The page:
I see that the plastic bag is full of jam jars, all carefully cleaned.  There are the metal bands and plastic tops I gave him to use instead of the metal lids.  Everything washed and ready for another use.  “You’re welcome!” I call back.  “Thank YOU!”

The date is over.  I’ve got jam to make, I think, and rush home.

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28 responses to “A Plum Date

  1. Older neighbors are one of life’s most bittersweet gifts: we benefit from their experience and staggering generosity, but ache for what ‘used to be’ for them. It is all part of the circle of life, even the making of the jam and the exchange of jams. I have over a hundred jars. And still there is fruit going begging. It’s the end of the season and we are slowing down…

    • So true, Robbyn. Lou is a genius gardener and nurseryman who has been in and out of cancer treatment. He never seems lonely, but he does enjoy jawing with the B.O. on the road. He used to make jelly and has given me his strainer and other prize gadgets. I was having a spell of end-of-the-summer ennui…all gone, for now. 🙂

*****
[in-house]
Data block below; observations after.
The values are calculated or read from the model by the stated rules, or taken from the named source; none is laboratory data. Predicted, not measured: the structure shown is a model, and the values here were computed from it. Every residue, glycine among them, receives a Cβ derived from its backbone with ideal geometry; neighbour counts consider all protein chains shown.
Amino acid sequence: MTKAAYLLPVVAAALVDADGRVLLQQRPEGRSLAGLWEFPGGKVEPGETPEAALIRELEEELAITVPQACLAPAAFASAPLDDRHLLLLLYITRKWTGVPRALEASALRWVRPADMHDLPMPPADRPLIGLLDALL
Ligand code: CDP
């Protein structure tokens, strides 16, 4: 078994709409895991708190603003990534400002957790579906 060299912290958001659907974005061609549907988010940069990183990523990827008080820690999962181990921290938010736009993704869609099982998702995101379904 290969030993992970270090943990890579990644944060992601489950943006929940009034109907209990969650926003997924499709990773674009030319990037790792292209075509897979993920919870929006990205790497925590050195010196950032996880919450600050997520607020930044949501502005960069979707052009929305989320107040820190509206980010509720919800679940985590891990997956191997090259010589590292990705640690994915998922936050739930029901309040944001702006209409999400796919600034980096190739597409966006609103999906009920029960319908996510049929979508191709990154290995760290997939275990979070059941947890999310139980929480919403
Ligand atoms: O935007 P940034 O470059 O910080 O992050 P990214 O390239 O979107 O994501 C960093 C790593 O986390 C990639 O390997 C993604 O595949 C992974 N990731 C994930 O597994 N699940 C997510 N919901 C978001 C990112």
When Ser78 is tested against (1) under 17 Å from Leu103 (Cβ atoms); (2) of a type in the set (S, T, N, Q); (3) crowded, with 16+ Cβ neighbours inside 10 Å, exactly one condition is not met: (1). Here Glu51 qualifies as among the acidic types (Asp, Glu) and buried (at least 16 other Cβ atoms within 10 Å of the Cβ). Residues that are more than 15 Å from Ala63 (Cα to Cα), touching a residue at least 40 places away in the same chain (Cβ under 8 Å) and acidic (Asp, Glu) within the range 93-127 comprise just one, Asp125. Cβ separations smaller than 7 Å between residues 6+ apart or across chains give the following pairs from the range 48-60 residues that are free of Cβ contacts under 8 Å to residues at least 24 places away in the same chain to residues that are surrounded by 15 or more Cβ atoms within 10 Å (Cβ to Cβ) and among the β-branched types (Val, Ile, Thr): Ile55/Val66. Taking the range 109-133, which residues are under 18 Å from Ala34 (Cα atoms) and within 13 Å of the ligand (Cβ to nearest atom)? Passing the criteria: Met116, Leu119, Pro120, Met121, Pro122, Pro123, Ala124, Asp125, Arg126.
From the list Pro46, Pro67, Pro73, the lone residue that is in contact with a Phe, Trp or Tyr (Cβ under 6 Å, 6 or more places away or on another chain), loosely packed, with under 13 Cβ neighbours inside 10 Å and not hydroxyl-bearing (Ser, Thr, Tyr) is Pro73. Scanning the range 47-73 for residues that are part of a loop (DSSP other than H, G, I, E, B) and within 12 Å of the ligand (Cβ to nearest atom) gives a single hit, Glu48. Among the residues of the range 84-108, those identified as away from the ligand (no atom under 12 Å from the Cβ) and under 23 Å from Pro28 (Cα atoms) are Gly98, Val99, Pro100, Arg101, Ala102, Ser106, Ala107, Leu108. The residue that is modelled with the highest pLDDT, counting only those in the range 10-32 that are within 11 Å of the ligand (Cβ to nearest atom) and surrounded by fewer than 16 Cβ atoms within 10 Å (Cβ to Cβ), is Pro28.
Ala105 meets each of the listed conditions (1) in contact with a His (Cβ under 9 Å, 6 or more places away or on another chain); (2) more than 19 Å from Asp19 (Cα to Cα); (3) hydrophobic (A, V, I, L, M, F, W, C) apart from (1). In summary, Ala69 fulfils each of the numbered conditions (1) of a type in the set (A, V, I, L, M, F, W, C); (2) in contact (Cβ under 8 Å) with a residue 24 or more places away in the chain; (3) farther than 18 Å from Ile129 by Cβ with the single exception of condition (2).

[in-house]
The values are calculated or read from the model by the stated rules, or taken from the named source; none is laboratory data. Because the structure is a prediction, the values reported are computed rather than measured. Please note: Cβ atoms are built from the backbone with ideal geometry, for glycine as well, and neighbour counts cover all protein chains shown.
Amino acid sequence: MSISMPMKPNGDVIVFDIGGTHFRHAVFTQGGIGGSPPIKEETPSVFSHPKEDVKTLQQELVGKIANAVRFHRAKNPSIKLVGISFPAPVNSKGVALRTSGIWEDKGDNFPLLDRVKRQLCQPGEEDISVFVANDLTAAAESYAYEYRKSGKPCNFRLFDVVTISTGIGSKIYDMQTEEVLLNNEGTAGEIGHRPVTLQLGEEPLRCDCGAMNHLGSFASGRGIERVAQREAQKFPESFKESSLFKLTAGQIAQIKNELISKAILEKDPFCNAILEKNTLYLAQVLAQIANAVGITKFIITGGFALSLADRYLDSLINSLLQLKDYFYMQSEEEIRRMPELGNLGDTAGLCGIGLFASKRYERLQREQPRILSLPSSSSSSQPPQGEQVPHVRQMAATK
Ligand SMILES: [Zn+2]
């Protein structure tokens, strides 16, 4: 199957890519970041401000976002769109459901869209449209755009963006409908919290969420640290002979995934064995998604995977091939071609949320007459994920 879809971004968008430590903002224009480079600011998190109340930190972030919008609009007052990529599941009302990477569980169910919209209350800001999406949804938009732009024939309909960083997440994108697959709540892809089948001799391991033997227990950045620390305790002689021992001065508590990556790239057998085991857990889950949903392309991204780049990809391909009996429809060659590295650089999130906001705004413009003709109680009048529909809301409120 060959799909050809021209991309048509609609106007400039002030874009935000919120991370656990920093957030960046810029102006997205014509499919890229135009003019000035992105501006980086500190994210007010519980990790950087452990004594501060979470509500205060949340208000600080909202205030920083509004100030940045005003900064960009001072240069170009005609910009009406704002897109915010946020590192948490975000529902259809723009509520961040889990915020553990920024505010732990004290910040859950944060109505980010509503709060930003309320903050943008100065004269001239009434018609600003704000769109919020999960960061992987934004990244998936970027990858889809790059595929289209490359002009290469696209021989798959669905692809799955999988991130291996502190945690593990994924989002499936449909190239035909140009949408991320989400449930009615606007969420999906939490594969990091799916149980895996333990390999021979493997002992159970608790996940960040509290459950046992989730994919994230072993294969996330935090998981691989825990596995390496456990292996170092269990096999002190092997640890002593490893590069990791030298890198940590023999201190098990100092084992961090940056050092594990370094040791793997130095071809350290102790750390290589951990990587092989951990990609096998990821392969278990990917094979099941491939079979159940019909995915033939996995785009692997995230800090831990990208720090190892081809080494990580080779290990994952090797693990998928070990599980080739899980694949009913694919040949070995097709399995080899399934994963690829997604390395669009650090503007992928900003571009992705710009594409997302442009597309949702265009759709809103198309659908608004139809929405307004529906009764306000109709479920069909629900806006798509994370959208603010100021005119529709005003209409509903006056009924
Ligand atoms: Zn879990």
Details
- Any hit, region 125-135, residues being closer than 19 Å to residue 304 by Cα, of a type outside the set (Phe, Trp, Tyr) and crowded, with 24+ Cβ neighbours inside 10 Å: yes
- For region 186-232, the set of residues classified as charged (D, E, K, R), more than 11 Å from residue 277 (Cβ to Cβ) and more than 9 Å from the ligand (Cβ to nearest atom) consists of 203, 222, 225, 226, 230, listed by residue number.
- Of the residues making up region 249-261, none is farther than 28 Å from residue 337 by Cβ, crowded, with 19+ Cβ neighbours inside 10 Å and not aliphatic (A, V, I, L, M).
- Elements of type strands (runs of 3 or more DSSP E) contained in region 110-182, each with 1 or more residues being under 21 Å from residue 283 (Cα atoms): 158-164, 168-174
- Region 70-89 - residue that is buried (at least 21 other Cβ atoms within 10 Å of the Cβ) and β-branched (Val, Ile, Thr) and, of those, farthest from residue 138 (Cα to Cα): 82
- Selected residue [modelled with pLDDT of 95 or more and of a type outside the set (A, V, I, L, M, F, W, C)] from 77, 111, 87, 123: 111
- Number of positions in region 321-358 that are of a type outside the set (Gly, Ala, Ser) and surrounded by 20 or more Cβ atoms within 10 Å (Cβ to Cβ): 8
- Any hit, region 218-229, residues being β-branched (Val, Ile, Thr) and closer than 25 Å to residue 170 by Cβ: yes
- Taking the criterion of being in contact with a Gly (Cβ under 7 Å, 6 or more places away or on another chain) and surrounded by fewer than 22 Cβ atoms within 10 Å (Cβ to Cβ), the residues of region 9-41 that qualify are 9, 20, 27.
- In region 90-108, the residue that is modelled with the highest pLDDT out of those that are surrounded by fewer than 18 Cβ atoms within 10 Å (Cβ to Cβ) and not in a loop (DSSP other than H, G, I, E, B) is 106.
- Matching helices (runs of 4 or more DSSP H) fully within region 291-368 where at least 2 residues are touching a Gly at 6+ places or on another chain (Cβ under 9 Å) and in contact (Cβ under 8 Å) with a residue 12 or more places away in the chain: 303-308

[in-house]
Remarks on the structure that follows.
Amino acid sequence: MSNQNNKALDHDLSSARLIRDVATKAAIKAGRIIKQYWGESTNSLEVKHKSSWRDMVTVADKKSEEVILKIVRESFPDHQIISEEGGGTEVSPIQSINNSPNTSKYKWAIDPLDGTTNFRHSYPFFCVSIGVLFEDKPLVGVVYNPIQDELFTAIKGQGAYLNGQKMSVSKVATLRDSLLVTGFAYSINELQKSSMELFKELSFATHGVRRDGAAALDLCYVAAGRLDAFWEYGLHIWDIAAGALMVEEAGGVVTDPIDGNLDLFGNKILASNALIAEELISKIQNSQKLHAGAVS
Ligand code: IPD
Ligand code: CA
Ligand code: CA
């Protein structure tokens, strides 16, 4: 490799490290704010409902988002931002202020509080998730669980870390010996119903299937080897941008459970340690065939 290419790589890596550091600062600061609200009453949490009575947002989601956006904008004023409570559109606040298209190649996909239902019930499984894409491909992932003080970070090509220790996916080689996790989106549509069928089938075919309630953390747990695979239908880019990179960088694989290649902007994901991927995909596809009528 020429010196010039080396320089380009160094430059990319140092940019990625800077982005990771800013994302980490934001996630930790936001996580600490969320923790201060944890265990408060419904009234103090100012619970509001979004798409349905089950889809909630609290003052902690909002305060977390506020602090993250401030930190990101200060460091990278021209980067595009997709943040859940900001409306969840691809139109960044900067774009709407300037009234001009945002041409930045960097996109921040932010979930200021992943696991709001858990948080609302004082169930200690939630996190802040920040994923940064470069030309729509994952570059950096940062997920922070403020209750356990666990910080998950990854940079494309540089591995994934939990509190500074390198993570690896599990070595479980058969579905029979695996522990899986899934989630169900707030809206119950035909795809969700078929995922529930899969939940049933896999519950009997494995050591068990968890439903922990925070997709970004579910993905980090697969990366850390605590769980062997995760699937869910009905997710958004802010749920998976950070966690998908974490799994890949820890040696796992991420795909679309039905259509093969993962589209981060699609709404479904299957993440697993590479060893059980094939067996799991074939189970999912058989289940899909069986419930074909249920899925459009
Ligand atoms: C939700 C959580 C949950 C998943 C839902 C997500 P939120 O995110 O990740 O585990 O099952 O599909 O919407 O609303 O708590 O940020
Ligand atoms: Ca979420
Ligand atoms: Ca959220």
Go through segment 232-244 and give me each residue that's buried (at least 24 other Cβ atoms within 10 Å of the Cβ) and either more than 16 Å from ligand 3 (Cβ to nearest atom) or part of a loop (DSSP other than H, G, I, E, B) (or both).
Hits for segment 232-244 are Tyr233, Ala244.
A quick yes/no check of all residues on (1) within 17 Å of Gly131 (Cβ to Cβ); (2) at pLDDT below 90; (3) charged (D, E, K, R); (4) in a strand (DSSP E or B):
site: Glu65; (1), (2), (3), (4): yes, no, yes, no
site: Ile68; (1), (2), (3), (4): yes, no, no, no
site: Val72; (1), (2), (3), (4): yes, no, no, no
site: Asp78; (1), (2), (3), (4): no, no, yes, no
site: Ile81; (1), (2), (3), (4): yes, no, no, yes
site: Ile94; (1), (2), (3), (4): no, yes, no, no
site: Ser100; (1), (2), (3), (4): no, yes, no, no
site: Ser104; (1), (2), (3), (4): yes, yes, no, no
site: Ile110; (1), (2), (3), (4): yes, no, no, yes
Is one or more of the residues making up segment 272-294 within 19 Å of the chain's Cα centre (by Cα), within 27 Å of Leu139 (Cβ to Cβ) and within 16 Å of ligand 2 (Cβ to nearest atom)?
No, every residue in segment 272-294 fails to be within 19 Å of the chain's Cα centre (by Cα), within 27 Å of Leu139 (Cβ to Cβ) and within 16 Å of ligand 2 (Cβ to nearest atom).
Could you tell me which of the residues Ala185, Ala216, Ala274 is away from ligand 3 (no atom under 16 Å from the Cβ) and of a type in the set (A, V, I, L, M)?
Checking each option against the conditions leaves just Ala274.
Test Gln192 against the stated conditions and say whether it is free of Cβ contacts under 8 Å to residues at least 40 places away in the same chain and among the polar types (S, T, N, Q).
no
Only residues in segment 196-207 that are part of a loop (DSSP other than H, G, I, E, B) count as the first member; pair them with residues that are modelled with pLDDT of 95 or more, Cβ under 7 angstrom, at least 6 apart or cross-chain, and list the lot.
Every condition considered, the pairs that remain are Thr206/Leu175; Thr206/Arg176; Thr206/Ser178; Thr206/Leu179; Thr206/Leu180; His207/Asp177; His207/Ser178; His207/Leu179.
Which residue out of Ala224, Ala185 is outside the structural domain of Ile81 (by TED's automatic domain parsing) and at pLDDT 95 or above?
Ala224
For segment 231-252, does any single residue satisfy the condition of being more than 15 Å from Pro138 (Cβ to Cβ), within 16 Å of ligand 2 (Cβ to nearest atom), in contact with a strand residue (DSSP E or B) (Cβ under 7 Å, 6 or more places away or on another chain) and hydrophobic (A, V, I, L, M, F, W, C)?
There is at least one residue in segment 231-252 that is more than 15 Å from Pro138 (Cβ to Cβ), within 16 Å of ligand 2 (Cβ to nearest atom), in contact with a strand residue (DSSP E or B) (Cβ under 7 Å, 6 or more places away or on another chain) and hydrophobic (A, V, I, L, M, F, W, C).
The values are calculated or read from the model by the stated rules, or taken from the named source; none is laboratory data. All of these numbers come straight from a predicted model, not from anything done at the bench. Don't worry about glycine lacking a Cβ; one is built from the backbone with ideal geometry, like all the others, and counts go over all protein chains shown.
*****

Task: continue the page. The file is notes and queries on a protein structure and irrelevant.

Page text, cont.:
2. After all the excitement of the season – the events wonderful, dreadful and hopeful that I have read about these last months I am not surprised to see you hit the wall a bit. And so glad to read ‘it has gone now’. And you have the BO and those characterful goats to help lift you up which is a blessing too. D’you know I started salivating reading about the fresh fruits – I had a small orchard once – and the gathering and preserving and jam making that marked the end of Summer….. those were some days 🙂 Enjoy, enjoy, enjoy! Much love to you all!

    • Thank you, Pauline. That’s it…the wall rose up and I sat down. It’s a bit of empty nest and season change and who knows what hormone! The goats are truly funny creatures, and you’re right, a blessing to be able to go out and have them spit a pit any time I want. 🙂 Hugs and love back to you!